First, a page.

Salt Lake City, UT

The article was good except for accusations about who is to blame for things! Some of the statements about DAQ are probably far from the truth! Show the proof concerning your accusations! People want to avoid the fact that it is our Republican Legislature that make the biggest decisions that effect our environment. They are the ones who pass laws. Guess what! If you don't know by now, somebody should throw a brick upside your head. Republicans do not like environmental laws! They are the ones who want to help big industry! That is where you need to look!

slc, ut

Procuradorfiscal, You don't think pm2. does not exacerbate asthma ,and further complicate pneumonia?

Bountiful, UT


I don't listen to talk radio, but I do know that there's an ongoing conflict in Texas between the EPA and the great defenders of liberty in the Lone Star State, where as you know, environmental regulations for corporations are mostly voluntary.

While most Texans and the Texas regulators were blaming everything and anything bad on the evil feds, pecan farmers noticed that their production had dropped off in huge amounts... and the cause wasn't Obama, or the feds, or the EPA, but upwind coal fired power plants, which was killing the pecan trees.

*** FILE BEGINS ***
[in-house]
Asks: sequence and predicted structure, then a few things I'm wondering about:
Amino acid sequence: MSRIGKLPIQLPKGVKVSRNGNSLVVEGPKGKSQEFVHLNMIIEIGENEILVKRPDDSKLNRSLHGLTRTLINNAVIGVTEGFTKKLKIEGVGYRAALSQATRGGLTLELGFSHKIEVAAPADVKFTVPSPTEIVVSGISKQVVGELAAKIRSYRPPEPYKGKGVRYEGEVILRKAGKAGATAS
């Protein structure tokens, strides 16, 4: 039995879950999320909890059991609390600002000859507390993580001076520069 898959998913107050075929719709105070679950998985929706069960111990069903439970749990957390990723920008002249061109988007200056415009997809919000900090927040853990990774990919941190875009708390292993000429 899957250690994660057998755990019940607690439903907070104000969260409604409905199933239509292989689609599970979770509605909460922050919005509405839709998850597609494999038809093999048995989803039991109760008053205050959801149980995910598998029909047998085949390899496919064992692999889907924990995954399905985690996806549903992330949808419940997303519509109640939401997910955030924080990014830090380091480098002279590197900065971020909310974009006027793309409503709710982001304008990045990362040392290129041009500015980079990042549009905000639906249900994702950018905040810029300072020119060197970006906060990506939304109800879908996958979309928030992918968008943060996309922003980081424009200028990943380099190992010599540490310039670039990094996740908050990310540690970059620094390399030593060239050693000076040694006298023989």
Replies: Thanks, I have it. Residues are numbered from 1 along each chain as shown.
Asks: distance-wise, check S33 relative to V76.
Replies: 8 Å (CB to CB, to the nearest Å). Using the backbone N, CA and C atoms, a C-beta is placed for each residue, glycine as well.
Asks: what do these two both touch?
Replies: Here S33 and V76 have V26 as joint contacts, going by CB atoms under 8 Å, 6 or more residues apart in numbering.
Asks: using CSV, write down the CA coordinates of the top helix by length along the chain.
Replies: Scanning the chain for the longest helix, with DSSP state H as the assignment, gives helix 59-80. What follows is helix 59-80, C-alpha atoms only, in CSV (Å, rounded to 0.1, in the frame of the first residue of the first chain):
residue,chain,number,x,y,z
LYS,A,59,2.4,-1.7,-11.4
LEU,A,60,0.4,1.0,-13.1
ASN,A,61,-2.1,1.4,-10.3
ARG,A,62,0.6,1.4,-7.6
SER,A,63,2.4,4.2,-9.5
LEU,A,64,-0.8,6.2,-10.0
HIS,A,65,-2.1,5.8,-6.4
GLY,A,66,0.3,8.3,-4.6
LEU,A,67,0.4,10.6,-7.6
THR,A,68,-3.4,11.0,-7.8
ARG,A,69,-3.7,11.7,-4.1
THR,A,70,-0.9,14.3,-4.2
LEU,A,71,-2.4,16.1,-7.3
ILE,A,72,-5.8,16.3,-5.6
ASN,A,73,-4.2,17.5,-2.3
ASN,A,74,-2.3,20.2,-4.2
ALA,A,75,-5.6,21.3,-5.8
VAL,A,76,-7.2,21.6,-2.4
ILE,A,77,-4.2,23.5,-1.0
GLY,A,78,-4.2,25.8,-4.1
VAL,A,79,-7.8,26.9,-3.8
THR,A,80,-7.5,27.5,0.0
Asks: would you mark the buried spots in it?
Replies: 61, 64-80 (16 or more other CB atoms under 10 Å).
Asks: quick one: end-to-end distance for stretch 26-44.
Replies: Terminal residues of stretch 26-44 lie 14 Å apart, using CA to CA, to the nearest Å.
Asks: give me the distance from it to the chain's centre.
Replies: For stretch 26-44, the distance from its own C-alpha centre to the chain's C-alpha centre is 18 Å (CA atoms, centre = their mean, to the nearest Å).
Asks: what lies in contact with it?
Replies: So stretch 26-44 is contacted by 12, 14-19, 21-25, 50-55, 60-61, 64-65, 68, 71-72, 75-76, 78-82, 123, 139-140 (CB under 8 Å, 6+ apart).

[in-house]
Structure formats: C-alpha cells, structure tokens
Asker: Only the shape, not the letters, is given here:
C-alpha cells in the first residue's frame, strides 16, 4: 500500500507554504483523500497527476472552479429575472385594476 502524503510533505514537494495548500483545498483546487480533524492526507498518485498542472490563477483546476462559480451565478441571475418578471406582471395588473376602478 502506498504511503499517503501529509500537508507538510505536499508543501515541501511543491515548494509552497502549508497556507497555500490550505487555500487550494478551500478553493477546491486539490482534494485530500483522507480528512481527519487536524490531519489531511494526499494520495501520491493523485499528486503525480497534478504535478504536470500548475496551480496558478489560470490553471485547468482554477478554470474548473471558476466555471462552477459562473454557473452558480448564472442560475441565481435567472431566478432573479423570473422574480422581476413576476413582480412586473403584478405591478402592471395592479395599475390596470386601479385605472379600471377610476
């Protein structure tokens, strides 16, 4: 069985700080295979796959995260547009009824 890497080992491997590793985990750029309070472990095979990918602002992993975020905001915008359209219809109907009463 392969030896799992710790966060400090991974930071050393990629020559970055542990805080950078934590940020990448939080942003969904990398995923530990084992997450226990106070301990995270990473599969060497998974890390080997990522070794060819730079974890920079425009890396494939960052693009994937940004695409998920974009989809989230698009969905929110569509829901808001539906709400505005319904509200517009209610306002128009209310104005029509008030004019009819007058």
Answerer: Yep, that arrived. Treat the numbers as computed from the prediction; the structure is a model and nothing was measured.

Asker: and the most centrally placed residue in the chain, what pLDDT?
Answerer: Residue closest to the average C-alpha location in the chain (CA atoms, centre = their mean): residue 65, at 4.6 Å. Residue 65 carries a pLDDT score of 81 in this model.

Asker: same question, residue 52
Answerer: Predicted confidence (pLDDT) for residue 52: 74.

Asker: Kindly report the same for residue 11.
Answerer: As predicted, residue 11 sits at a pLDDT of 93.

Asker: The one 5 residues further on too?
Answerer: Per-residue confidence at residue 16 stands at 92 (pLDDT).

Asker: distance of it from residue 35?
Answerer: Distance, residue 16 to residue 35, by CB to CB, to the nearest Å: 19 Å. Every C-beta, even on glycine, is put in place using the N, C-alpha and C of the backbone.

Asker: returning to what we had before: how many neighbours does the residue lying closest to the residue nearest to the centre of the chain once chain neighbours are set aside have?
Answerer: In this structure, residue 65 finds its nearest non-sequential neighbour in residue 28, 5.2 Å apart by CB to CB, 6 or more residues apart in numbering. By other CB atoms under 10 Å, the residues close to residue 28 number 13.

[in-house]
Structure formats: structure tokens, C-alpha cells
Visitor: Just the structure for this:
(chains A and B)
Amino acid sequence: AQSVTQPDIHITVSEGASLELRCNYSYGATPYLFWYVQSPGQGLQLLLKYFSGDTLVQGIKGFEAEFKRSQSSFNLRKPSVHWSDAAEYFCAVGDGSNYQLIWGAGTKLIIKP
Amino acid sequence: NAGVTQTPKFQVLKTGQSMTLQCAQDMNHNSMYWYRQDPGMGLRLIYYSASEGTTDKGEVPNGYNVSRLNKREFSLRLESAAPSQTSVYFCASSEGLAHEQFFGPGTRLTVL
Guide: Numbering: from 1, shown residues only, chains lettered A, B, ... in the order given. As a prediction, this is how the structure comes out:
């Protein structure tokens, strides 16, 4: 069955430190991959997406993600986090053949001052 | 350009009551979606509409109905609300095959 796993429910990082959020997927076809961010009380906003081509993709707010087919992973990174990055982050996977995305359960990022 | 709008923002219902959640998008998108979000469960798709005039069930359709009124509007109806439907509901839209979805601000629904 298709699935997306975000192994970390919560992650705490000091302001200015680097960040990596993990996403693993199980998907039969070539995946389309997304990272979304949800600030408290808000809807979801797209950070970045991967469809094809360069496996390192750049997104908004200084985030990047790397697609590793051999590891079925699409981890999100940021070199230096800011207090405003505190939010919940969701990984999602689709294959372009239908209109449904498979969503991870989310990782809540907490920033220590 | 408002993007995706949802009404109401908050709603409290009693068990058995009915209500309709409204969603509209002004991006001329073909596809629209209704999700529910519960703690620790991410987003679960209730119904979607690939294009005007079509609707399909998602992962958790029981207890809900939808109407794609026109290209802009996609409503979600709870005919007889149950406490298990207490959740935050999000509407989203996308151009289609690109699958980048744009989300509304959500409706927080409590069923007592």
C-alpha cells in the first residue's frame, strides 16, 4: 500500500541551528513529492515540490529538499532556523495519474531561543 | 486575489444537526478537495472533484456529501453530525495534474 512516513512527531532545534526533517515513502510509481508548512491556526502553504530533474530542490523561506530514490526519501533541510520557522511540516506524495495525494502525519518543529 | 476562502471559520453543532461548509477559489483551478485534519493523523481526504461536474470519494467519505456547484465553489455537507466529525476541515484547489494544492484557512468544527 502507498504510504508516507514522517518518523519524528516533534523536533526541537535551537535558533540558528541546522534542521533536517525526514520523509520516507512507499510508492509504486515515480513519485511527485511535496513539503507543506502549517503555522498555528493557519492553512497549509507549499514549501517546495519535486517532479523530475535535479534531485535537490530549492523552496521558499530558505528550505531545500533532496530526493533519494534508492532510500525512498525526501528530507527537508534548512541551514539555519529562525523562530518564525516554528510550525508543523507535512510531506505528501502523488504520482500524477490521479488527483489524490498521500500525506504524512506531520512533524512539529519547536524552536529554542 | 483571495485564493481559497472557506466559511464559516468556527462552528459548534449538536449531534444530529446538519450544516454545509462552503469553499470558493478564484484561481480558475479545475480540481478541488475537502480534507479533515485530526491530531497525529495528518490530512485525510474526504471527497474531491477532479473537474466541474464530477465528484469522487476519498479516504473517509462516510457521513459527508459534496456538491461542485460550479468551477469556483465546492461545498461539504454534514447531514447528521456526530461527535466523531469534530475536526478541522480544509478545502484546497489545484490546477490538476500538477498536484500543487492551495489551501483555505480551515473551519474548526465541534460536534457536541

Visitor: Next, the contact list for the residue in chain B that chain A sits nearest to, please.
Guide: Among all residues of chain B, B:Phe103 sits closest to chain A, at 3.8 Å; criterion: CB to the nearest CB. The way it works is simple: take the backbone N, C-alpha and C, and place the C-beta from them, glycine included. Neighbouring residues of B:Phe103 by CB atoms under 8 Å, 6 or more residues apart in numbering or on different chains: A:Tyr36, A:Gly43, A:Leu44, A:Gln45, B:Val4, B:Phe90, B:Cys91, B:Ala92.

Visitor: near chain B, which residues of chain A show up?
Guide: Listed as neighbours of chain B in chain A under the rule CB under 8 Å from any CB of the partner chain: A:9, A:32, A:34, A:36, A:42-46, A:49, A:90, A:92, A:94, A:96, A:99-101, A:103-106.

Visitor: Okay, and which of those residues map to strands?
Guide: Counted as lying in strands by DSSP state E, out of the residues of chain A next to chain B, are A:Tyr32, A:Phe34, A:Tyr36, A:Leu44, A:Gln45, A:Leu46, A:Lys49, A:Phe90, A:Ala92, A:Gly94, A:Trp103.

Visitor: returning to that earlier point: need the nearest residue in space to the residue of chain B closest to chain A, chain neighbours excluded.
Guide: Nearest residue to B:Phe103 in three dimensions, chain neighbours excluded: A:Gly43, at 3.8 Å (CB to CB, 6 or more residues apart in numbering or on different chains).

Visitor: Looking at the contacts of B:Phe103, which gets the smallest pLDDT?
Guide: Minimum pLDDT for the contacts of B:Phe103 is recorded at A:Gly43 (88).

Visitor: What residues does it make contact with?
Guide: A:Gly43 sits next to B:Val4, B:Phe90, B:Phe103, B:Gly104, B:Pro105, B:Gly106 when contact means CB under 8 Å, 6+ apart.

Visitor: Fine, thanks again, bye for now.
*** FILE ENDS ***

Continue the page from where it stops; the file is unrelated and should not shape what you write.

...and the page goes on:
I know that Governor Herbert greatly admires his counterpart in Texas, Rick Perry, but hopefully this issue with the refineries won't be like the ridiculous tug-of-war between the federal government and Big Tobacco, where it took well over a decade to get a consensus that smoking cigarettes was in fact bad for human beings.

Tooele, UT

Re: "Procuradorfiscal, You don't think pm2. does not exacerbate asthma ,and further complicate pneumonia?"

I think you mean PM 2.5.

There is likely some level at which PM 2.5 might affect either asthmatics or people with pneumonia. But we haven't seen levels even close to that since the late '50s. And, even then, it didn't seem to affect us much.